There are two ways to attack Cowles (pronounced like kohl’s) Mountain, and know this: at just over three miles roundtrip (1.5 uphill for a 950-foot elevation gain), it is a workout. The staging and parking area off Navajo Road and Golfcrest Drive gets the most traffic and can be a parade of all sizes, shapes and forms on weekends. But the fire road off Cowles Mountain Boulevard and Boulder Lake is the best way to go if you want a more secluded hike. Rather than the sharp switchbacks on the south side (Golfcrest) the fire road offers a steady, winding climb to the top. At 1,593 feet, it’s the highest point in the city and the rising jewel of the Mission Trails Regional Park.

Warning: Always be aware that rattlers could be on the trail, especially the lesser-used fire road, at any point.

For more information on Cowles Mountain, check the Mission Trails Regional Park website, www.mtrp.org.

Shelter Island Shoreline Park

Shelter Island Shoreline Park

Enjoy views of the bay along Shelter Island Shoreline Park

For a more relaxing hike that at times will flood the senses with Naval warships, sailboats, fishing boats and craft of every kind, try a walk along Shelter Island. The pier, launch ramp and promenade combine to create the mile-long Shelter Island Shoreline Park. It spans the length of the bay along Shelter Island and is a great place to relax, hike or even ride a bike.

Park near the Shelter Island Pier and start there with a walk out onto the pier. There’s good fishing there, too, if that’s a diversion you choose to do. From the pier, you can see the incredible San Diego skyline to the east. This walk is good any time of day or night. At Christmas time you can time it for the Parade of Lights, when the local sport fishing captains decorate their boats with holiday lights and sail along the Island.

As you walk east of the pier, stop along the launch ramp area to see boats of all sizes launching or coming back from fishing or boating trips. The Outboard Boating Club is there at the launch ramp. If someone is outside, ask them about that club’s storied history of power boating and commodores.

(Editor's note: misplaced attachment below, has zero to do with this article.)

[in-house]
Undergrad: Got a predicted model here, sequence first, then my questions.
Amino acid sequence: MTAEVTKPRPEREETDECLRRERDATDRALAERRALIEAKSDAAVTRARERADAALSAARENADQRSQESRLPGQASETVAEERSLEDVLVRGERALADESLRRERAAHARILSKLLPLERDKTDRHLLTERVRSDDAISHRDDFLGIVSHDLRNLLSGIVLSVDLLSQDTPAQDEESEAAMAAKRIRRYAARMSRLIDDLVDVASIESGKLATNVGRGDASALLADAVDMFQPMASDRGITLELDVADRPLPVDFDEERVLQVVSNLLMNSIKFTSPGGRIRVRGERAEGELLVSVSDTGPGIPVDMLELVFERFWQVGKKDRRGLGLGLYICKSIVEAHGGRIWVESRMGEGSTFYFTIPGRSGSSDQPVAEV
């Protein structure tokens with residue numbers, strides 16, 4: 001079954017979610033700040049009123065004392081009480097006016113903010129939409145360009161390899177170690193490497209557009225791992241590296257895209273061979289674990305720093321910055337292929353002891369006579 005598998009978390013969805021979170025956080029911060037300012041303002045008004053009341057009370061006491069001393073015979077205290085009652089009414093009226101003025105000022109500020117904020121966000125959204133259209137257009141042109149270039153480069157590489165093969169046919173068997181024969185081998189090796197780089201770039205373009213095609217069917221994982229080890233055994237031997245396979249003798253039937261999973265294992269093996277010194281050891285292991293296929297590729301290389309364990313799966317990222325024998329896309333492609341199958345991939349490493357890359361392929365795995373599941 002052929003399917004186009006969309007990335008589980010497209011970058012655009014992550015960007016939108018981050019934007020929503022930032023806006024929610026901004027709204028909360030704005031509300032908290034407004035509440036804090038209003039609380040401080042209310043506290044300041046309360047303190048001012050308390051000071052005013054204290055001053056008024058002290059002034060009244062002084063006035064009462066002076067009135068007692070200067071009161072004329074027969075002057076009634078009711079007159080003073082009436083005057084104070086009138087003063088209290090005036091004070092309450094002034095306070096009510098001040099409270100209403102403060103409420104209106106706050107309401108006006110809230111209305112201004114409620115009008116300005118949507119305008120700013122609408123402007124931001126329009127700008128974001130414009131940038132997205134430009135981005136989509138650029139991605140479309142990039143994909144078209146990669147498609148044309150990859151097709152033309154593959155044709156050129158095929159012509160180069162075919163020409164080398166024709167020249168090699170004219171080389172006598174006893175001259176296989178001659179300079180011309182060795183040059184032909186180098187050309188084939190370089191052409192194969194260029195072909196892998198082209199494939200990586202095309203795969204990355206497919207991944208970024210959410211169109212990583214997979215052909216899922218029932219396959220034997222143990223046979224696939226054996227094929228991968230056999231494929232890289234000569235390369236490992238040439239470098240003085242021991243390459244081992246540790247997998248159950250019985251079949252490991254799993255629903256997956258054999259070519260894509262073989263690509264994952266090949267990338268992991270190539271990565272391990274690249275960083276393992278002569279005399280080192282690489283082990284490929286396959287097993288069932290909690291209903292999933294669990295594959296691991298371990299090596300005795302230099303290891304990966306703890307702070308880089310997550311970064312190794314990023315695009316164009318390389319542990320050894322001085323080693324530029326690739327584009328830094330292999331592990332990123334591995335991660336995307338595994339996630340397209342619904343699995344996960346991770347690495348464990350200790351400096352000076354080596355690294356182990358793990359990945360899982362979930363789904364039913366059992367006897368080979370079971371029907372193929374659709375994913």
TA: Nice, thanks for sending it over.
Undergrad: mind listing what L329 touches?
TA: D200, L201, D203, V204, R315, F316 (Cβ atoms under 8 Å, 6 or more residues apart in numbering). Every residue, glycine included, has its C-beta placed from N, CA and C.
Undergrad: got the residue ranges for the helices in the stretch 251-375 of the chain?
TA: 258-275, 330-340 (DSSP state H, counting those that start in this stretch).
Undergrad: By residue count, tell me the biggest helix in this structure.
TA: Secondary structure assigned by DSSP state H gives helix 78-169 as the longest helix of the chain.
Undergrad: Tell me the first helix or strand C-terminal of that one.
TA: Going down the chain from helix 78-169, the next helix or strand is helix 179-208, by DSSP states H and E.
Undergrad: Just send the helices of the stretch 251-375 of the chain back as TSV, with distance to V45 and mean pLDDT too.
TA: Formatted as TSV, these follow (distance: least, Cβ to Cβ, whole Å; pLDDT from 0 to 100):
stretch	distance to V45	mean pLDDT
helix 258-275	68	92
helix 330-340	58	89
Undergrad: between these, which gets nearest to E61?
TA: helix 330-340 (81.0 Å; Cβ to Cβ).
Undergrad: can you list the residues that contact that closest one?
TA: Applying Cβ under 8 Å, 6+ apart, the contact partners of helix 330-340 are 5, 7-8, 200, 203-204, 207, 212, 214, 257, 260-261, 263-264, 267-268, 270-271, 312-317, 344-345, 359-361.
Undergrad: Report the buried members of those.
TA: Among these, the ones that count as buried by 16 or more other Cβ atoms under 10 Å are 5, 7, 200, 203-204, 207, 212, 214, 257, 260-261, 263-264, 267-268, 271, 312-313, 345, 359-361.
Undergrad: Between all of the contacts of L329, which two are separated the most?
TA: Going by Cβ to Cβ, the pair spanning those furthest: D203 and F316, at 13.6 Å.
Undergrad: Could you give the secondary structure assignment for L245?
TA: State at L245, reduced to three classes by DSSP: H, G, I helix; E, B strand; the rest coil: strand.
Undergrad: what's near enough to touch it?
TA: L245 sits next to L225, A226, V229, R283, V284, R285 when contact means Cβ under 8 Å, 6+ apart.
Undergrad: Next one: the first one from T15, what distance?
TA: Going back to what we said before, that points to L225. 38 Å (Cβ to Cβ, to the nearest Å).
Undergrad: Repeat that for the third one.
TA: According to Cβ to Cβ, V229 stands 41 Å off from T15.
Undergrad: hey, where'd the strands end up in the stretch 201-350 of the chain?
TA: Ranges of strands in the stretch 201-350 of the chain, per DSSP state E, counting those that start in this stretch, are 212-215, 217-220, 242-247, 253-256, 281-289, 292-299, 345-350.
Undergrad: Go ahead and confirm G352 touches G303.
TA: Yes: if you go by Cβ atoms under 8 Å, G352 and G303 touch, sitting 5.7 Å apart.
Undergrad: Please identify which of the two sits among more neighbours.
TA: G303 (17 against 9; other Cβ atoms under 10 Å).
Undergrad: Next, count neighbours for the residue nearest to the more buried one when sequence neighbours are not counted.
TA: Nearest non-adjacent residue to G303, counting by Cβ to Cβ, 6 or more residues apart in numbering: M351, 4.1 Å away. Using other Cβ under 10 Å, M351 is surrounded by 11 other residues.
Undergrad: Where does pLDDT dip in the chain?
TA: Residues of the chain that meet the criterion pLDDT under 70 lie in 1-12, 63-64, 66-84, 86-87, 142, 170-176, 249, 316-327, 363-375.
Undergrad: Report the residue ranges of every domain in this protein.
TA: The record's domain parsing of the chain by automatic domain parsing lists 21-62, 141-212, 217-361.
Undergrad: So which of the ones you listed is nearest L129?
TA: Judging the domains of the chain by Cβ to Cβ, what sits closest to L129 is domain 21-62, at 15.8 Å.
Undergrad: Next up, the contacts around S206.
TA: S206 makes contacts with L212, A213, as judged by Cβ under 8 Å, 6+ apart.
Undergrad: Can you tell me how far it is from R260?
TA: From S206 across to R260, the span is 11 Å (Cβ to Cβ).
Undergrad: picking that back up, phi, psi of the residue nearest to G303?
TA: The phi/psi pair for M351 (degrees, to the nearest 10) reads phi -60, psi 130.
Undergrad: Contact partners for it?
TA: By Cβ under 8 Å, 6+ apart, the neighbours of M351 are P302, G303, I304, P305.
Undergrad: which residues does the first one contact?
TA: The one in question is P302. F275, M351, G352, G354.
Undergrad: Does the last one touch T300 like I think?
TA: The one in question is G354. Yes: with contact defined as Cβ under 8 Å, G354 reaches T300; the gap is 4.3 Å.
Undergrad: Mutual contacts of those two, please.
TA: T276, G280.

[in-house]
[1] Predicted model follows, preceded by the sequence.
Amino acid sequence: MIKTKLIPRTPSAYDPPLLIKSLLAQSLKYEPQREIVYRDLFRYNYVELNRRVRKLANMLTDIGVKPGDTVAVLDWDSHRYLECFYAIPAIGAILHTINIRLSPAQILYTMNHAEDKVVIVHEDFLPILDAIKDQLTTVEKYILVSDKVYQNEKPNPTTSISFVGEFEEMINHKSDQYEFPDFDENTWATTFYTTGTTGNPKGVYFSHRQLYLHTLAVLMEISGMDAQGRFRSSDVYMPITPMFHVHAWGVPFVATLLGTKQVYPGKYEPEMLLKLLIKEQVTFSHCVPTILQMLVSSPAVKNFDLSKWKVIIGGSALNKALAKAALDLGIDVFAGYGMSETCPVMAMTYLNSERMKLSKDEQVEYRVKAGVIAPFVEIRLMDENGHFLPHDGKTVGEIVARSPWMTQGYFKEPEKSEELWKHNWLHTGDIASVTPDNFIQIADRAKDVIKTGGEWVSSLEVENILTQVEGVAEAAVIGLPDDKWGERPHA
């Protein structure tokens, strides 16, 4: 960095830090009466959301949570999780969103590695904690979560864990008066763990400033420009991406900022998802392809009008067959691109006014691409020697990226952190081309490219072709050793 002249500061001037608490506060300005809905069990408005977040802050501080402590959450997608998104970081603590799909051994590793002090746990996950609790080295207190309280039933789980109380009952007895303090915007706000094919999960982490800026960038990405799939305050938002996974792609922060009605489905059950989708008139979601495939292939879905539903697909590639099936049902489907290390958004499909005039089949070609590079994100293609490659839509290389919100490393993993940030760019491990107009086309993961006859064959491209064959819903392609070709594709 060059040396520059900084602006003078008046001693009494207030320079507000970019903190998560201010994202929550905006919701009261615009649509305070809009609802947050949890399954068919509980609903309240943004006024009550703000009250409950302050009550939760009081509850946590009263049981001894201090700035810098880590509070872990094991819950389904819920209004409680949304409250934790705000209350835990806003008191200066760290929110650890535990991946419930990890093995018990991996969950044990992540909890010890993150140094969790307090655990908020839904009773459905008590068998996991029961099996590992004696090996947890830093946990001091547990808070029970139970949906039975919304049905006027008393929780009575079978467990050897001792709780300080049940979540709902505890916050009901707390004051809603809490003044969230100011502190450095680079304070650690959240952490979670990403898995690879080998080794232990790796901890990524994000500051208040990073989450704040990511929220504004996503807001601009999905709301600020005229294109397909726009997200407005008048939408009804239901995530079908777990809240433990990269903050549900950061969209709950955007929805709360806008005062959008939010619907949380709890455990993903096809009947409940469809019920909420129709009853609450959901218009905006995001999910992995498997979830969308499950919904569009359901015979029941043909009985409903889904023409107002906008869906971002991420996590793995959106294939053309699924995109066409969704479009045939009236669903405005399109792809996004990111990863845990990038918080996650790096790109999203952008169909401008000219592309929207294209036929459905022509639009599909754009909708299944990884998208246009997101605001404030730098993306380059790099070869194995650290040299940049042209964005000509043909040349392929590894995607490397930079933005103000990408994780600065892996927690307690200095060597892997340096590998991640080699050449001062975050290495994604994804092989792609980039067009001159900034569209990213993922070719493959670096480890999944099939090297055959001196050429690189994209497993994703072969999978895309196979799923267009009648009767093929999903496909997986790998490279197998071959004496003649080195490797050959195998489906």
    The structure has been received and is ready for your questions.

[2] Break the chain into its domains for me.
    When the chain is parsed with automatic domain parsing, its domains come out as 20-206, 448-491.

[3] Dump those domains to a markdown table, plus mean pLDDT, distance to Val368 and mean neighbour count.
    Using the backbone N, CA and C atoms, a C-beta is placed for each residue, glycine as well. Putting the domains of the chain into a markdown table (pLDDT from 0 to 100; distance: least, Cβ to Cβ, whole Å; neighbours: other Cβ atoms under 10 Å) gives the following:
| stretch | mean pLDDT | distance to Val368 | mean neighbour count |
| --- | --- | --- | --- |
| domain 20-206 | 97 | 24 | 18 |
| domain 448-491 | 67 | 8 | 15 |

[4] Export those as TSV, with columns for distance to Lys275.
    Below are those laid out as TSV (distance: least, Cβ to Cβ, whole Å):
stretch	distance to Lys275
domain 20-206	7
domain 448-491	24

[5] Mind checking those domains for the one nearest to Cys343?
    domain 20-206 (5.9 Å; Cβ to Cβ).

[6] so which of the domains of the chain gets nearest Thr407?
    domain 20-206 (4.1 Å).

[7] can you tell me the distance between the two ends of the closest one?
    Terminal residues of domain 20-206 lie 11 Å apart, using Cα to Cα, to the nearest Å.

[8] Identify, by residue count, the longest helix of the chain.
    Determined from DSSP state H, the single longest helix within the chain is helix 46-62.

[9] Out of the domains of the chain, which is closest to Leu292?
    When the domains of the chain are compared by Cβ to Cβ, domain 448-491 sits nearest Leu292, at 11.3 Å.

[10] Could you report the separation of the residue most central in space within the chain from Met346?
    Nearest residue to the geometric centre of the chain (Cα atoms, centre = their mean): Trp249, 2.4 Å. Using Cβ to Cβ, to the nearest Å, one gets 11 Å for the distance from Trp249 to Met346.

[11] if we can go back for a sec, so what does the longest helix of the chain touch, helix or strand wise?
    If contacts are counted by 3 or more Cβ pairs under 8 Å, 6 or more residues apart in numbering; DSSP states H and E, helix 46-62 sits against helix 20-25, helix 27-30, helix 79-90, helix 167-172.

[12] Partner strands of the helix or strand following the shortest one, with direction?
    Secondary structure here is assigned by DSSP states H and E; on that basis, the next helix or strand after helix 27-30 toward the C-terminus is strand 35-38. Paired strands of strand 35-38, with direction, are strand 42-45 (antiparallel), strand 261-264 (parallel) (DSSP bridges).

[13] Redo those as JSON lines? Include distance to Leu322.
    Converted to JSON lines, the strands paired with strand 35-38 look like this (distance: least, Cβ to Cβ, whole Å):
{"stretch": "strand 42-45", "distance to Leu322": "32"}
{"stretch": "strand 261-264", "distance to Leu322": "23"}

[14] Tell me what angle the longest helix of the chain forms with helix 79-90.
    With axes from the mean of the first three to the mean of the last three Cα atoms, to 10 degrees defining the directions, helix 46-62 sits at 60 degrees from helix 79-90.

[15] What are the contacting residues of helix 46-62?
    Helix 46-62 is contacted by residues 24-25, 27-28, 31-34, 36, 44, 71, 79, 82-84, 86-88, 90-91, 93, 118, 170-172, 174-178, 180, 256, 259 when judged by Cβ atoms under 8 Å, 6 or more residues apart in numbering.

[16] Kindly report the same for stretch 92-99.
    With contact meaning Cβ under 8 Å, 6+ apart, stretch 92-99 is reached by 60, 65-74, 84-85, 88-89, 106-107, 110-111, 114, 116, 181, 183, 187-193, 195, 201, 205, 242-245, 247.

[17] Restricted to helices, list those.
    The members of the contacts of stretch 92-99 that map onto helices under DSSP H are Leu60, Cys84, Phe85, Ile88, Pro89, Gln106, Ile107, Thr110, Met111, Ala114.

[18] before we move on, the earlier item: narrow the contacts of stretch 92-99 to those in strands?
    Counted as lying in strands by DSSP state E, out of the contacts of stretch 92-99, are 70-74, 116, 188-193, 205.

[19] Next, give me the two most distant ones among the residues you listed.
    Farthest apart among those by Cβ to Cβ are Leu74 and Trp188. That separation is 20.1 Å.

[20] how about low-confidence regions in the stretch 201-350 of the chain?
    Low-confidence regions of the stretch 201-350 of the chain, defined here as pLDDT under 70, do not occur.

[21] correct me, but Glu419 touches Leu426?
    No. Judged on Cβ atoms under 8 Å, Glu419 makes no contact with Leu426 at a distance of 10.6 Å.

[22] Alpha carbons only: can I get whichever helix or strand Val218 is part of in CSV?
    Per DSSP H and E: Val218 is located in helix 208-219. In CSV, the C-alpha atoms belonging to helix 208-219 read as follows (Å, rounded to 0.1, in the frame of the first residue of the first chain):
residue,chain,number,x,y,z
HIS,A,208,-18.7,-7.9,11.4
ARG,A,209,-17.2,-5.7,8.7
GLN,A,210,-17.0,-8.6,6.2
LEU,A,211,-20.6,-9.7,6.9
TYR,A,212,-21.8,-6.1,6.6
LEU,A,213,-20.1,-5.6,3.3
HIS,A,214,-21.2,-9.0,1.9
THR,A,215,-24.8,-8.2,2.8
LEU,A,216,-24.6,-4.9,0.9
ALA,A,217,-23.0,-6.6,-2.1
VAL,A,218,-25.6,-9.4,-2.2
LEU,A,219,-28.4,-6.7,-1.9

Los Peñasquitos Canyon

Los Peñasquitos Canyon Waterfall

Explore San Diego’s inland areas with a hike to Los Peñasquitos Canyon’s tranquil waterfall.

Head inland to hike one of the city’s more interesting and scenic canyons, the Los Peñasquitos Canyon hike. It’s about six miles roundtrip to the waterfall and is both family- and dog-friendly. This trail is frequented by mountain bikers, too, so beware of that. You have the option of staying on the main trail or taking a one-track side trail that eventually will hook up to the main trail. Los Peñasquitos Canyon is well worth the trip if you want to really get a look at an undeveloped canyon in the heart of the city.

Park at the junction of Mercy and Black Mountain Road, where parking is $3, or park in the back of Canyonside Community Park for free.

The Beach Trail at Torrey Pines State Park Reserve

Hiking trough La Jolla's Torrey Pines State Park

Enjoy ocean views on a hike through Torrey Pines

The Beach Trail at Torrey Pines State Park Reserve is an incredible hike that starts in the parking lot of the Torrey Pines Golf Course and then weaves along the old highway (built-in 1910 and paved in 1915) that once connected San Diego to Los Angeles. You can also park in the reserve at the top for a fee, but the best way it to get a spot in the golf course parking lot and go north to the old road. You’ll see signs identifying all the trails. There are several options, but the Beach Trail will take you down to the water’s edge for some great beach hikes north (including the area’s nude beach, Black’s) and south. Along the way there are views from Red Butte, Razor Point and Yucca Point. Check them out and look out into the Pacific for breaching, spouting or porpoising whales or surfing dolphins.

Other Great San Diego Hikes with a View

The Calm Waters of Lake Murray

Enjoy a leisurely hike next to the calm waters of Lake Murray

Lake Murray and Lake Miramar both have trails that rim their shorelines offering great lake views and good workouts.

Lake Miramar’s trail (really a perimeter road that is used by cars, bikes, rollerbladers and families with strollers, so beware) goes all the way around the lake, crossing the reservoir for a 5-mile hike. Miramar is in the Scripps Ranch area of the city. It’s off Scripps Ranch Drive (92131)

Lake Murray’s trail ends at the dam, so you have to double back for the 5-mile trek. Murray is at the base of Cowles Mountain in the La Mesa/San Carlos area. It can be accessed off Lake Murray Boulevard (5549 Kiowa Drive, La Mesa, CA, 91942).

There’s good parking at both lakes, especially during the week. On weekends, it’s pretty crowded, so get there early.